Walking through Stroud for the last time I head to the local shop Made in Stroud. Looking around the bright, light coloured shop there is art, pottery, soaps, clothing, and toiletries. There are neatly stacked silver tins, candles and cascades of cards.
“I’ve been working here for three years now.” The young woman tells me. “I started as a Saturday job when I was in school. The basic concept is we sell products that are made by people in Stroud, so for a commission, we display and sell their work and do a lot of exhibitions. There’s been a lot of local trade around here that was shut down by the recession, so it’s been really important recently for artists and crafts people to have a consistent place. It’s something I’m really proud of, working here. We’ve got everything from cordials and soaps to jewellery. We’ve got over two hundred makers, yet it’s only a tiny town. So yeah, I think it’s really important to preserve that crafting spirit.”
My final stop is the Stroud Valley Project shop. Three people are sat at desks at the back and there are pine shelves displaying wares with bright material bunting. Biodynamic seeds, bee homes, bird and bat boxes and wildlife posters catch my eye.
“Stroud valleys project was set up in 1988,” Claire tells me, “so we’ve just celebrated our 25th year anniversary. It was set up to support people working in the environment and also to provide educational opportunities for people to learn about the environment. The last couple of years with the economic situation it’s been quite a struggle for the organisation. We were fully dependent upon grant funding until a couple of years ago. Then we set up the shop and all sorts of things to try and make money. This weekend we’ve got a plant swap and sale happening. It’s a really nice opportunity for people to share their stories. We do badger watching and take people up on the commons and look at orchids and butterflies. We’re doing a course today about growing vegetables up at the allotments.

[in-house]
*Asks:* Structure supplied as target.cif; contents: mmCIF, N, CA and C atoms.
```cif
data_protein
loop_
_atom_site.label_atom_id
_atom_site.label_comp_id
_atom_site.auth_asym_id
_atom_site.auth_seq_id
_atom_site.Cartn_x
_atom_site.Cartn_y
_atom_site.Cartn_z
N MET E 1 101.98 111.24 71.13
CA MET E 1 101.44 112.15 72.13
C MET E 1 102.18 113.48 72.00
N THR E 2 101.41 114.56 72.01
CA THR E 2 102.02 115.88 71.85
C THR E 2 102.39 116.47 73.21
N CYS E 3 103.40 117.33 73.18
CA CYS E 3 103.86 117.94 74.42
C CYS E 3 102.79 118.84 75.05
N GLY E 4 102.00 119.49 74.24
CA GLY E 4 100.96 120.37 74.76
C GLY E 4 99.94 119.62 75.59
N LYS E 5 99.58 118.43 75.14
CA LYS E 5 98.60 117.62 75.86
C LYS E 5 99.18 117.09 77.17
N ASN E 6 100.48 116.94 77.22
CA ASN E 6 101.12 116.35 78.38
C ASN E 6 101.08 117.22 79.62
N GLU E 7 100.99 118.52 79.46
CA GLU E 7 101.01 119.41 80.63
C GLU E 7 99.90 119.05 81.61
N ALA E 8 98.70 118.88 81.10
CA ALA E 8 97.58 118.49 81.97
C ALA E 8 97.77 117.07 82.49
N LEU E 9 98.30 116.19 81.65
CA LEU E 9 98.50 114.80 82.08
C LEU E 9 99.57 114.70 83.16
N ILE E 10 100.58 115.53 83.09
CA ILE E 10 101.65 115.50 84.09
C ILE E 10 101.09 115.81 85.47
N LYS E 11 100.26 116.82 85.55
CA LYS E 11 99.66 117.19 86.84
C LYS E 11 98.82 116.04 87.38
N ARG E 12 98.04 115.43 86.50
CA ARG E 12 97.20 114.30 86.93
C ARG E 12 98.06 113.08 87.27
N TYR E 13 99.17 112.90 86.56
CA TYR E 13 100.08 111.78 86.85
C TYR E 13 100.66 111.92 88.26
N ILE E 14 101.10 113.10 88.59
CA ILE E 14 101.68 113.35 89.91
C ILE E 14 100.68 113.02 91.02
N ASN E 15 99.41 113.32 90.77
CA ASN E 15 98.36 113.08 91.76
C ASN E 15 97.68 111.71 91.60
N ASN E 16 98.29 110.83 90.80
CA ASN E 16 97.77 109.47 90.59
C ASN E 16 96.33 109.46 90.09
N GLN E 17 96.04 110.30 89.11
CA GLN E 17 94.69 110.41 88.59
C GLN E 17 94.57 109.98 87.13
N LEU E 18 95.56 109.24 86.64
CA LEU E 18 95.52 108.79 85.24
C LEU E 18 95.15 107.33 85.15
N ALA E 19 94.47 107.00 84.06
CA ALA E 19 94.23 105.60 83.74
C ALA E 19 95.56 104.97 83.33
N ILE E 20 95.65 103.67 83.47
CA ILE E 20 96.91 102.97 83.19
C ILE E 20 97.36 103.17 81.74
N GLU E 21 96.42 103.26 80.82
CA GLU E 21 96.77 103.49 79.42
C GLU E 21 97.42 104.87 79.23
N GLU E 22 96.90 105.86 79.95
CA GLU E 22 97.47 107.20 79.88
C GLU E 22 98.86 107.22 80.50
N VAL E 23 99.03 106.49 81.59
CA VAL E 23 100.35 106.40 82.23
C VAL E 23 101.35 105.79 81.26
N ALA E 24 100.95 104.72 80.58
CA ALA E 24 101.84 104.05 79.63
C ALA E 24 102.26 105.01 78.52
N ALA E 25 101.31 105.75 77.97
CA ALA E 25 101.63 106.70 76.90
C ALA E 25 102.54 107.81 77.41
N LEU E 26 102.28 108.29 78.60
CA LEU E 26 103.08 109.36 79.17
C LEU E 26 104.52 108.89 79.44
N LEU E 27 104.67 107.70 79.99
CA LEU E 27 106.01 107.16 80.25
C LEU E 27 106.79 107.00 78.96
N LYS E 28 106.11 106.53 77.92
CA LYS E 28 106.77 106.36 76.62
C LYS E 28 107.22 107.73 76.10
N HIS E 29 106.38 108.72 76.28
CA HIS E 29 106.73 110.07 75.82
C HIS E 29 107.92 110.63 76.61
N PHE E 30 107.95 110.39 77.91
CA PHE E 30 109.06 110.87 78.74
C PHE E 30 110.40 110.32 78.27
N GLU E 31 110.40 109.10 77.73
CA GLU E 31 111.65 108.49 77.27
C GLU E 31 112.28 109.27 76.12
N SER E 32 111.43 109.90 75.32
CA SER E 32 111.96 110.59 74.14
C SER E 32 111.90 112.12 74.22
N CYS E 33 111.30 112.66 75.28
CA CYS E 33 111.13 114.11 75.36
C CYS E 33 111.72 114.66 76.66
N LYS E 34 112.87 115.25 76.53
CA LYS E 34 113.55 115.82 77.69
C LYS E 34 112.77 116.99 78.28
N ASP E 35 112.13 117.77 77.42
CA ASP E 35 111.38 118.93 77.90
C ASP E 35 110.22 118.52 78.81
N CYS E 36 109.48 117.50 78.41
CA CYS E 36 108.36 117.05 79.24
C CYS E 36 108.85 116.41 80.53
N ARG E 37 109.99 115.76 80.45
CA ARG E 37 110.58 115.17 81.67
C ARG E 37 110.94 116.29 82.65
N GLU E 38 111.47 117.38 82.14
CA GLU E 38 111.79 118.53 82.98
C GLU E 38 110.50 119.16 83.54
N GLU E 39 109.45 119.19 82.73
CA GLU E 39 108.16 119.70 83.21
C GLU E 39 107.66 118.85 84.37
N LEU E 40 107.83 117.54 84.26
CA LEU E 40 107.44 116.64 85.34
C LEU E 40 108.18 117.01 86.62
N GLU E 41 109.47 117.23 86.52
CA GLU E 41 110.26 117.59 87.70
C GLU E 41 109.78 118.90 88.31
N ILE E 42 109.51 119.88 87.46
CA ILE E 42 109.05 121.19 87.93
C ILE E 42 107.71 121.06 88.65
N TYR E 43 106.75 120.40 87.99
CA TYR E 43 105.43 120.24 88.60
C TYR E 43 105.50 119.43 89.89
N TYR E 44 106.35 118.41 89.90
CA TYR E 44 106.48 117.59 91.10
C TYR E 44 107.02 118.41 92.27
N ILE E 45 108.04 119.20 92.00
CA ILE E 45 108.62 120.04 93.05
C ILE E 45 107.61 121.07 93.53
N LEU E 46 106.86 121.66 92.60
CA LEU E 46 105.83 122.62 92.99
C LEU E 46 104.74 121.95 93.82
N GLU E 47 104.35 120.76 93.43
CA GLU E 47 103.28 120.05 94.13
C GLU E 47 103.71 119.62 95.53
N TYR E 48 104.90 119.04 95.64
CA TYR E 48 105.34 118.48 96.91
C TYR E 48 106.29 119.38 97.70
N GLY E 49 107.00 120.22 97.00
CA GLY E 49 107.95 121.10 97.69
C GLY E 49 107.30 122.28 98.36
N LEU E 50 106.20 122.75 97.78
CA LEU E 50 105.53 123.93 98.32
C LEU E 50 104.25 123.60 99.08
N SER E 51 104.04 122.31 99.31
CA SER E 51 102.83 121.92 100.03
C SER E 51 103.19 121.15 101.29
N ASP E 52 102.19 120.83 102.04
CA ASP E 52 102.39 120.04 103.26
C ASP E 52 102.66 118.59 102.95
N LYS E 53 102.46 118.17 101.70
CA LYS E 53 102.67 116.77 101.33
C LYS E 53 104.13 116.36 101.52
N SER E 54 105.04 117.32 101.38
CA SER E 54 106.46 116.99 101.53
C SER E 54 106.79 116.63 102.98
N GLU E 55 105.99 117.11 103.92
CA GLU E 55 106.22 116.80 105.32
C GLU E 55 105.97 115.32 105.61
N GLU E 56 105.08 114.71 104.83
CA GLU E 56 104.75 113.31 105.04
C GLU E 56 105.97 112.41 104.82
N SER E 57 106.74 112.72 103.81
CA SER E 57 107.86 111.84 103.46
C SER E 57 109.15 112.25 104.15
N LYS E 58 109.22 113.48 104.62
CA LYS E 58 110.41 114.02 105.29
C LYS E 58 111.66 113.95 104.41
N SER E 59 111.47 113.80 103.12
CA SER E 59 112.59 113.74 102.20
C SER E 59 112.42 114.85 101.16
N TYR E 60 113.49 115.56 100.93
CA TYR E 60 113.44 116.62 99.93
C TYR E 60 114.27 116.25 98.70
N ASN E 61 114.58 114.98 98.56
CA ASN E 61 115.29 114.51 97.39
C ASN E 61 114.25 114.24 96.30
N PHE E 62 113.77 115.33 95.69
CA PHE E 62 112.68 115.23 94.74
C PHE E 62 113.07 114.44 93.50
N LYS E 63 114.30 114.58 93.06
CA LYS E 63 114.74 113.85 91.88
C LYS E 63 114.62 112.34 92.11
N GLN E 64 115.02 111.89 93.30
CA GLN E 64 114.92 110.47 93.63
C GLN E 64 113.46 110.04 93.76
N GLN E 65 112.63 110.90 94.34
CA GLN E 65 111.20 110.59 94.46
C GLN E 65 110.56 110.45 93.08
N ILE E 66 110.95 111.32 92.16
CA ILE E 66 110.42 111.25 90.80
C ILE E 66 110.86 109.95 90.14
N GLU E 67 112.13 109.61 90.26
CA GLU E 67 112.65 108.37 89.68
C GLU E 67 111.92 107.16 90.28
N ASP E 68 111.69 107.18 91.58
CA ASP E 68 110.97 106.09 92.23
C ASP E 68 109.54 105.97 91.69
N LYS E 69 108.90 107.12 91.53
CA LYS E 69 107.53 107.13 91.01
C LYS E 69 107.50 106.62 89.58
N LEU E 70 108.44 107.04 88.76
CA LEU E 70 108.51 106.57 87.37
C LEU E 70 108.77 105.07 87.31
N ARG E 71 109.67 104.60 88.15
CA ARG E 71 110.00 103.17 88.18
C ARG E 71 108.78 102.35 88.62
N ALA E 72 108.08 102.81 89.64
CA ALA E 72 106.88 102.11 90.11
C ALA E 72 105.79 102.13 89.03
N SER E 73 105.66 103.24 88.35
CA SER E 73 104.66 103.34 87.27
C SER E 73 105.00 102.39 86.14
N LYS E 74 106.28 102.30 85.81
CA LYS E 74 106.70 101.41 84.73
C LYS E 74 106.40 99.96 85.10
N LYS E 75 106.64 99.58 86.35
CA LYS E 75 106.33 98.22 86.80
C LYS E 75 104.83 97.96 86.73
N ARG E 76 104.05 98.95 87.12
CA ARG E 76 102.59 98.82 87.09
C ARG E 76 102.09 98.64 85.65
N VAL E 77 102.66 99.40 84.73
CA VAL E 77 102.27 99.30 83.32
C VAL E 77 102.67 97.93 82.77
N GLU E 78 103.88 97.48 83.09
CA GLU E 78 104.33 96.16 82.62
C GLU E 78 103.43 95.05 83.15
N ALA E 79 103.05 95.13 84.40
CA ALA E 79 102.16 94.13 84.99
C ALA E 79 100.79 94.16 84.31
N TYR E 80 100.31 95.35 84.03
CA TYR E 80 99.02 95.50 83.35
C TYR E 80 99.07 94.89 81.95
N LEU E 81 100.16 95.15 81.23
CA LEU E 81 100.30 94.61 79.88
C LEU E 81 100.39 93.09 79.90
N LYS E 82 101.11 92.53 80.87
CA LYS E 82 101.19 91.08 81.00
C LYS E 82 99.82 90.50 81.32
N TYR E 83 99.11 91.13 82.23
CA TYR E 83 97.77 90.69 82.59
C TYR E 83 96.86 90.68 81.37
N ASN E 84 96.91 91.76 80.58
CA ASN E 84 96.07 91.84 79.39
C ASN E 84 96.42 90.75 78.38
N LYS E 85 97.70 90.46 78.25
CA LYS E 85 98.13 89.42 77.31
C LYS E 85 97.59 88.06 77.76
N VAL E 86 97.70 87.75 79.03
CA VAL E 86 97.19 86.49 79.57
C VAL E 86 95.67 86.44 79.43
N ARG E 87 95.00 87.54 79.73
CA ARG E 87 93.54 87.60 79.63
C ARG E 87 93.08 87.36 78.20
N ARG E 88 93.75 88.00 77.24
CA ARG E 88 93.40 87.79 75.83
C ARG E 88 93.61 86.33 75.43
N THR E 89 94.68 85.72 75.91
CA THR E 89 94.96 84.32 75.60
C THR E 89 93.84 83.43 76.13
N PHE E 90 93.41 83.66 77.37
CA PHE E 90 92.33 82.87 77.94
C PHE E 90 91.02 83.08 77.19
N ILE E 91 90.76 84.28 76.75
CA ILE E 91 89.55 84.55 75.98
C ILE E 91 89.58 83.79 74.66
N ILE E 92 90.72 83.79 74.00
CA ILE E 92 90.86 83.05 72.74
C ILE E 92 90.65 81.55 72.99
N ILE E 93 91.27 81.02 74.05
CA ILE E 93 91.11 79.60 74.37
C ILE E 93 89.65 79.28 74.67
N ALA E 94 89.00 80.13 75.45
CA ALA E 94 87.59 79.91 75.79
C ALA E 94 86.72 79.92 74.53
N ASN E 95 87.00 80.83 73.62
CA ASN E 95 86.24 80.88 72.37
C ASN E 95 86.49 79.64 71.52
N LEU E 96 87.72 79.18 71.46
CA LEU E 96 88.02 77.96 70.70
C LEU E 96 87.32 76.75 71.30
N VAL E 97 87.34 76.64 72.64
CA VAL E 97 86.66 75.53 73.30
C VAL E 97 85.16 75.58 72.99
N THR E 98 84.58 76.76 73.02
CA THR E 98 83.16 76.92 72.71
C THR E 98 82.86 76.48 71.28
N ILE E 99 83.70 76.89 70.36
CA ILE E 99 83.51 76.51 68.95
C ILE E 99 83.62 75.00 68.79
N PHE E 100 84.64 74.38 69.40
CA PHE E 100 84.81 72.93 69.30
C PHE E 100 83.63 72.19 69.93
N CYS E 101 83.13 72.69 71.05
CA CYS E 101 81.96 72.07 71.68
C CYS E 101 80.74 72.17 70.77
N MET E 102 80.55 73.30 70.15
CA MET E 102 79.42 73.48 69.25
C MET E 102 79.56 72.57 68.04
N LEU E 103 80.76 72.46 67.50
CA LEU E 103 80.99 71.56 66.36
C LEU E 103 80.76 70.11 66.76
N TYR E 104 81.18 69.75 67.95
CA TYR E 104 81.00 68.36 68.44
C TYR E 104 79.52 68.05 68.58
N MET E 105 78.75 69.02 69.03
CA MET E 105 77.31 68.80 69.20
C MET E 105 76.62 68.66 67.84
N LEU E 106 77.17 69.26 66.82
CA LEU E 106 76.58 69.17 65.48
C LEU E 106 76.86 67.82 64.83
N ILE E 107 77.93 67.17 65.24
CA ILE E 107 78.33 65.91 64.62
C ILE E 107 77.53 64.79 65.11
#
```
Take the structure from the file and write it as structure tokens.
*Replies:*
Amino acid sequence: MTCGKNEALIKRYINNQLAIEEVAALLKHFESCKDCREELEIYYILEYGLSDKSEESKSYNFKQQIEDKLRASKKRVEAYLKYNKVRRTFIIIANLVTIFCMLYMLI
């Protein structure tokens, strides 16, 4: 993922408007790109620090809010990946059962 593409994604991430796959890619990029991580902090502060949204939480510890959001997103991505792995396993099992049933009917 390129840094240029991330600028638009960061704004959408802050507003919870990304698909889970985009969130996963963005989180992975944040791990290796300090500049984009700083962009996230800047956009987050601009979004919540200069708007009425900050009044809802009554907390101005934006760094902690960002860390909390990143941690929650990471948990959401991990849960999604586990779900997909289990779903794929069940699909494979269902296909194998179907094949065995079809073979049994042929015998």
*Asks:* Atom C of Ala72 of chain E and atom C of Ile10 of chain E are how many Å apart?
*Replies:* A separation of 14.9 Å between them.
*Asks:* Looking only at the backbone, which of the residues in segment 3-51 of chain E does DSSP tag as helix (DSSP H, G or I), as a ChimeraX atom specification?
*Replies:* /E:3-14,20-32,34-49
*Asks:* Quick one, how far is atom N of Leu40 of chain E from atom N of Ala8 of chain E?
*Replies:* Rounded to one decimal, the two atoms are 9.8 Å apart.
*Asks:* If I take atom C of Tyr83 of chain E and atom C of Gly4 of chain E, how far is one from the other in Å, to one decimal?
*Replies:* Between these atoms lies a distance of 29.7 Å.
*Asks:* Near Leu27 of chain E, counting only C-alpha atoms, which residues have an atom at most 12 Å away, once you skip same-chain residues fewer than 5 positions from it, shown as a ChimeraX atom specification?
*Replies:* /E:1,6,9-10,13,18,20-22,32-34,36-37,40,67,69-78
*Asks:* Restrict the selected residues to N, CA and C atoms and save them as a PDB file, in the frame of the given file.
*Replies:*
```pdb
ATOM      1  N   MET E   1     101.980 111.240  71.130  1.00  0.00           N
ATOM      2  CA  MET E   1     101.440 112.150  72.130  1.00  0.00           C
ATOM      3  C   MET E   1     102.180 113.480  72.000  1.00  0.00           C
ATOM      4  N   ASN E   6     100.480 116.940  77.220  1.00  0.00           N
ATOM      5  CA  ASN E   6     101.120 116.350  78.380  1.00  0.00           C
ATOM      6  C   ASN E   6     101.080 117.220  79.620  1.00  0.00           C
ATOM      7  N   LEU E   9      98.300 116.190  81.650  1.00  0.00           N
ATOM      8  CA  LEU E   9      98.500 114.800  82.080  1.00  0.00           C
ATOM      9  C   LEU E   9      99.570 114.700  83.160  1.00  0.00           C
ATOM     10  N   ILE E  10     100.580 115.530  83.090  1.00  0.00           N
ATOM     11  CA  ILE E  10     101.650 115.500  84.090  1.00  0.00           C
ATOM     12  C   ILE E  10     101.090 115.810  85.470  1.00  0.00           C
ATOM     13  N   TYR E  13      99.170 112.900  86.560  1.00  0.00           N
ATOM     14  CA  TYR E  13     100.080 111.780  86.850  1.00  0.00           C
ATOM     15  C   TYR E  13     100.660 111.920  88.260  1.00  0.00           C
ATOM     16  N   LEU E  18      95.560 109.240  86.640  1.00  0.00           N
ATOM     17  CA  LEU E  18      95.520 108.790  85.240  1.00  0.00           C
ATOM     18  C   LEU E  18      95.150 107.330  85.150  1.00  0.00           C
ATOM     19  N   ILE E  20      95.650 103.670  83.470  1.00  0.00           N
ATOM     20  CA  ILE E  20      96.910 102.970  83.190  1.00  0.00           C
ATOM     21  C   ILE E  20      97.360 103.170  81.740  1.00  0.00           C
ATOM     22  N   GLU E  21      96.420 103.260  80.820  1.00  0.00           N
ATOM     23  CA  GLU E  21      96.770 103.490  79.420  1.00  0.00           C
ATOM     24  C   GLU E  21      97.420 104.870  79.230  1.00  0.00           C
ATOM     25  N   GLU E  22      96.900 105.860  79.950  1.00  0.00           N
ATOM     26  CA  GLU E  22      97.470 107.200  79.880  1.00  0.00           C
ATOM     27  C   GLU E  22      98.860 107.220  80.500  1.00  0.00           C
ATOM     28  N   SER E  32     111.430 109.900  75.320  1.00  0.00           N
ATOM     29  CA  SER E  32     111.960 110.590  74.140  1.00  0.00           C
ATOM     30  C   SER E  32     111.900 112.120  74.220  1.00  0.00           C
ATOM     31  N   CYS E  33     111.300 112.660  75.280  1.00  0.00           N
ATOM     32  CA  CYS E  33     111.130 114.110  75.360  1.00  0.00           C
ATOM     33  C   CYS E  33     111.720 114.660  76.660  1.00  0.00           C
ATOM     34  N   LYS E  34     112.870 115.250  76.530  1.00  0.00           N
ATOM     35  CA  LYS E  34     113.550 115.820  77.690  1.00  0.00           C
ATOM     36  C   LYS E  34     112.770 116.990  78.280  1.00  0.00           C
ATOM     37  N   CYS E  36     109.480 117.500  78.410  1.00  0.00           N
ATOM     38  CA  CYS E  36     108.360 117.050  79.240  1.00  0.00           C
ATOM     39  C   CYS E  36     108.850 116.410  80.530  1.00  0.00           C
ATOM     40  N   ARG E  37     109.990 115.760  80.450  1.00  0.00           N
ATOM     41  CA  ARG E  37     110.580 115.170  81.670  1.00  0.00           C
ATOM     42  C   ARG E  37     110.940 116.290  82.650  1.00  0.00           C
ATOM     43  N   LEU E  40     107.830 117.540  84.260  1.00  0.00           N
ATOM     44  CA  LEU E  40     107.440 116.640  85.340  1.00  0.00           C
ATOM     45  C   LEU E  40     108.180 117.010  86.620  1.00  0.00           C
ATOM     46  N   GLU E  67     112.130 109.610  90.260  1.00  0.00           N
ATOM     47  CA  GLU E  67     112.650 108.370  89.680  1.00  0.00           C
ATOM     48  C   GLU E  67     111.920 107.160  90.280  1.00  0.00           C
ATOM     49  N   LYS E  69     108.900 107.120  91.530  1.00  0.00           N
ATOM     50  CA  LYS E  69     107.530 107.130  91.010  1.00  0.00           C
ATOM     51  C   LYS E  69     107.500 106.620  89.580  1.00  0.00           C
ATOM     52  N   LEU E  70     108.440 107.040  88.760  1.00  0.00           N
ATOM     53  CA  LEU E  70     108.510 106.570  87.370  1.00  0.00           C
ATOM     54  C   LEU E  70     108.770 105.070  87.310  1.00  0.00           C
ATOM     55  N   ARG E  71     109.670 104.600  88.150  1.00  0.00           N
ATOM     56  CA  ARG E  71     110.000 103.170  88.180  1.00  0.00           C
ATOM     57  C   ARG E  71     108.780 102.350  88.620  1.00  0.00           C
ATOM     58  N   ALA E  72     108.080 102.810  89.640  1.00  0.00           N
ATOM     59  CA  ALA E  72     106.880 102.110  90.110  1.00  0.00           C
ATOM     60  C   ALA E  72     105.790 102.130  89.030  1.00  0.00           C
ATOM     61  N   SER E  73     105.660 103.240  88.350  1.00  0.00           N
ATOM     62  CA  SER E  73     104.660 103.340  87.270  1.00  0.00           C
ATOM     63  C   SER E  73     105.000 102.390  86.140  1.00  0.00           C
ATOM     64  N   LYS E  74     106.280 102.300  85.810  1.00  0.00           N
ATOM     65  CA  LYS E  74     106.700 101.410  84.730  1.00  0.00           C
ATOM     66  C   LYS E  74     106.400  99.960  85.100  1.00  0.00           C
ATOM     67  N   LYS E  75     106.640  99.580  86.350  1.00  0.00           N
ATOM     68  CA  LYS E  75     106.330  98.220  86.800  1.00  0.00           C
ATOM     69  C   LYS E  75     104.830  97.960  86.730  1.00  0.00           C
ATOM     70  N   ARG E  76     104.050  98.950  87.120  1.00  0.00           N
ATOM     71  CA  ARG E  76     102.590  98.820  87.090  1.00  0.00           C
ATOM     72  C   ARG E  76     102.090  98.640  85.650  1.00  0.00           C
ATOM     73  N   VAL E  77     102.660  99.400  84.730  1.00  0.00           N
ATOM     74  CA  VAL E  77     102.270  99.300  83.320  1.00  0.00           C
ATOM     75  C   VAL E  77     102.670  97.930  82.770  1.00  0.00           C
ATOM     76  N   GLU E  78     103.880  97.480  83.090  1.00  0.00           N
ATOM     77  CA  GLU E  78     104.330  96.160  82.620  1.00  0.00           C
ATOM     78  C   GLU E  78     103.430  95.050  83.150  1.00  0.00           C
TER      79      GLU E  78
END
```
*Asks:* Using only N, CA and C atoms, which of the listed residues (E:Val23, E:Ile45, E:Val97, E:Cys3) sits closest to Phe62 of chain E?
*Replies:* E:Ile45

Claire introduces me to Fred who helped start GlosCAN a Climate Change Action Network. His clear thinking, organisation, dedication and drive are a wonder to behold. Again I feel a very fast sense of bonding, and a strong desire to help Fred in any way I can in the future. We swap details and he writes down various organisations that I tell him about from the Global Shift Conference.
It’s wonderful to hear the things he’s working on – a declaration to be voted on at the council, a march to coincide with the International People’s Climate March in September. I feel like this is someone who’s really going to get things done and indeed, as I write this in November I know that’s exactly what he does. The Stroud climate demonstration in September not only happened, but had an incredible turnout of five hundred people! For a town the size of Stroud that is the most incredible achievement!
Leaving Stroud I take the footpath along the dry canal, which has tall wire fencing around some parts and workmen in and around it. There are a dozen volunteers for the Cotswold Canals Trust in high viz jackets and gloves.
Harry is volunteering and fills me in on what I can expect ahead of me that day. “About six miles up, through the golden valley, it rises up onto the escarpment and you’ve got the daneway and the sapperton tunnel, two and quarter miles, when it was built it was the longest tunnel in the world.” he tells me.